I just want to mention that before Responsible AI dashboard, which I’m about to introduce to you, we had these three individual tools, InterpretML, Fairlearn, and Error Analysis. What we realized is people want to use these together because they want to gain a 360 overview of their model health. That’s how we, first of all, introduced a new open source repository called Responsible AI Toolbox, which is an open source framework for accelerating and operationalizing responsible AI via a set of interoperable tools, libraries, and also customizable dashboards. The first dashboard underneath this Responsible AI Toolbox was called Responsible AI dashboard, which now brings all of these tools that I mentioned to you and more tools under one roof. If you think about it, often when you want to go through your machine learning debugging, you first want to identify what is going wrong in your AI system. That’s where error analysis could come into the scenario and help you identify erroneous cohorts of data that have a way higher error rate compared to some other subgroups. Then, fairness assessment can come also into the scenario because they can identify some of the fairness issues.

Then you want to move on to the diagnosis part, where you would like to look at the model explanations. How the model is making predictions. You maybe even want to diagnose the issue by perturbing some of the features or looking at counterfactuals. Or even, you might want to do exploratory data analysis in order to diagnose whether the issue is rooted into some data misrepresentation, lack of representation. Then you want to move on to the mitigate, because now that you’ve diagnosed, you can do targeted mitigation. You can now use unfairness mitigation algorithms I talked about. I will also talk about data enhancements. Finally, you might want to make decisions. You might want to provide users with what could they do next time, in order to get a better outcome from your AI, that’s where counterfactual analysis come into the scenario. Or you might want to just look at historic data, forget about a model, just look at historic data, and see whether there are any factors that have a causal impact on a real-world outcome, and provide your stakeholders with that causal relationship. We brought all of these tools under one roof called Responsible AI dashboard, which is one of the tools in Responsible AI Toolbox.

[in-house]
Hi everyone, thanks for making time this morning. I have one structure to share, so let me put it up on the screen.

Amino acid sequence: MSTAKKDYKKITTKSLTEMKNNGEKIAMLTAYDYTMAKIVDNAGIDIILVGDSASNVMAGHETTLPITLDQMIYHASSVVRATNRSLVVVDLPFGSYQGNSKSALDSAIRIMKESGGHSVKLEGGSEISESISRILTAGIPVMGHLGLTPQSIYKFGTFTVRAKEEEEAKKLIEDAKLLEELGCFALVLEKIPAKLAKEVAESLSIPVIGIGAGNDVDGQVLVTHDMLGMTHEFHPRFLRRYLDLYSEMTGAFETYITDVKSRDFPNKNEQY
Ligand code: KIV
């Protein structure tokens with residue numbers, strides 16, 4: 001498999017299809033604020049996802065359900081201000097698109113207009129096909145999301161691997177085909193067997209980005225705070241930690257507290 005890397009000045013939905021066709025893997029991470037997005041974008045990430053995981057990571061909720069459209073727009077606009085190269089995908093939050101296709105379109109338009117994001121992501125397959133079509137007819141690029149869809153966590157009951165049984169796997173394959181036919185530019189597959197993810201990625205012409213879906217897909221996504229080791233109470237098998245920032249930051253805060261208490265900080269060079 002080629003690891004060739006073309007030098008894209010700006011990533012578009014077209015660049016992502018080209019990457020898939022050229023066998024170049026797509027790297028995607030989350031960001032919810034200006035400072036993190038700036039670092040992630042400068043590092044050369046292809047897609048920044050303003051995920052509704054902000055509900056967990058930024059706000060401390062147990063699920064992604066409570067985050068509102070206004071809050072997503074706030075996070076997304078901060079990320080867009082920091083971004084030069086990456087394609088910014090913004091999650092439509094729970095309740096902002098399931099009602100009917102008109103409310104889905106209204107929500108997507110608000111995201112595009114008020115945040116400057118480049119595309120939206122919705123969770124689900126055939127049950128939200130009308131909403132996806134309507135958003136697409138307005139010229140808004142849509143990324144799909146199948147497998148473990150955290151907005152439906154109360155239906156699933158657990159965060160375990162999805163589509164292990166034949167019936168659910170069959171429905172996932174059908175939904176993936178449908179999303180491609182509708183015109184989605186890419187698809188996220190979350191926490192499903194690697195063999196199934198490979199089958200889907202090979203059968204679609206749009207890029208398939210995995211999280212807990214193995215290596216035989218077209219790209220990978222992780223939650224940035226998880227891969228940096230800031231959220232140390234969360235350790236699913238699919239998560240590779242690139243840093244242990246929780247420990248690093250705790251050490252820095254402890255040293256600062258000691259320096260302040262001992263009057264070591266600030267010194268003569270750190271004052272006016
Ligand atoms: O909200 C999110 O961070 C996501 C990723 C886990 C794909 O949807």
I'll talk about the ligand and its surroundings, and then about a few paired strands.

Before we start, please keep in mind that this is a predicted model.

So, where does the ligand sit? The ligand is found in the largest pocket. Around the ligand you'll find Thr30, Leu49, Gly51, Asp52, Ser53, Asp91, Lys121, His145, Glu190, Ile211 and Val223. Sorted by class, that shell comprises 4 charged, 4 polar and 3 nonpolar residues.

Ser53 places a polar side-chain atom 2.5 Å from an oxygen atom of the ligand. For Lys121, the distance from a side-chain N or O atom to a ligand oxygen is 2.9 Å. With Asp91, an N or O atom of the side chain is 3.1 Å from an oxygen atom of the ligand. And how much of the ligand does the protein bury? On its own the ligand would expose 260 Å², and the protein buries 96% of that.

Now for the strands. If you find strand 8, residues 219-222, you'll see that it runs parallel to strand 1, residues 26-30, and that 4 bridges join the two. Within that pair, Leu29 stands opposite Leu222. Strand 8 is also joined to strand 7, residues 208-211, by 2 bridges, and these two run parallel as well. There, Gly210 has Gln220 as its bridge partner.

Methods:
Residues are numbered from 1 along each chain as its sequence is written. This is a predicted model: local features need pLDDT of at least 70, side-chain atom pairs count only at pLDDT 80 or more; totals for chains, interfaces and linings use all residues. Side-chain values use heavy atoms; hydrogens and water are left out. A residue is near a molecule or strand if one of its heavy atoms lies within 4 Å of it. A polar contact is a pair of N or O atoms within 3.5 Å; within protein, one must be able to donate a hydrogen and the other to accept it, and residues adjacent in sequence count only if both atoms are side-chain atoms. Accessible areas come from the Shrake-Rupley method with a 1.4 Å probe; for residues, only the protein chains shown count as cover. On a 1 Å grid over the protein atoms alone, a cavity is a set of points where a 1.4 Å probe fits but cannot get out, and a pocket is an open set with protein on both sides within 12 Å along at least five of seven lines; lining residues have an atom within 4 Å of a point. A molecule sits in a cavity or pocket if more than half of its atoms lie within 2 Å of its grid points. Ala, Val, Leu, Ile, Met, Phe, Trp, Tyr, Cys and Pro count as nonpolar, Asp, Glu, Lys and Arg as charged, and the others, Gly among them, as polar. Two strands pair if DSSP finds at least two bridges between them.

Demo (Responsible AI Dashboard)

Let me show you a demo of the Responsible AI dashboard so that we can bring all this messaging home. Then I’ll continue with two new additional tools under this family of Responsible AI Toolbox. I have here a machine learning model that can predict whether a house will sell for more than median price or not, and provide the seller with some advice on how best to price it. Of course, I would like to avoid underestimating the actual price, as an inaccurate price could impact seller profits and the ability to access finance from a bank. I turn into the Responsible AI dashboard to look closely at this model. Here is the dashboard. I can do first error analysis to find issues in my model. You can see it has automatically separated the cohorts with error accounts. I found out that bigger old houses have a much higher error rate of 25% almost in comparison with large new houses that have error rate of only 6%. This is an issue. Let’s investigate that further. First, let me save these two cohorts. I save them as new and old houses, and I go to the model statistics for further exploration. I can take a look at the accuracy, false positive rate, false negative rate across these two different cohorts. I can also observe the prediction probability distribution, and observe that older houses have higher probability of getting predictions less than median.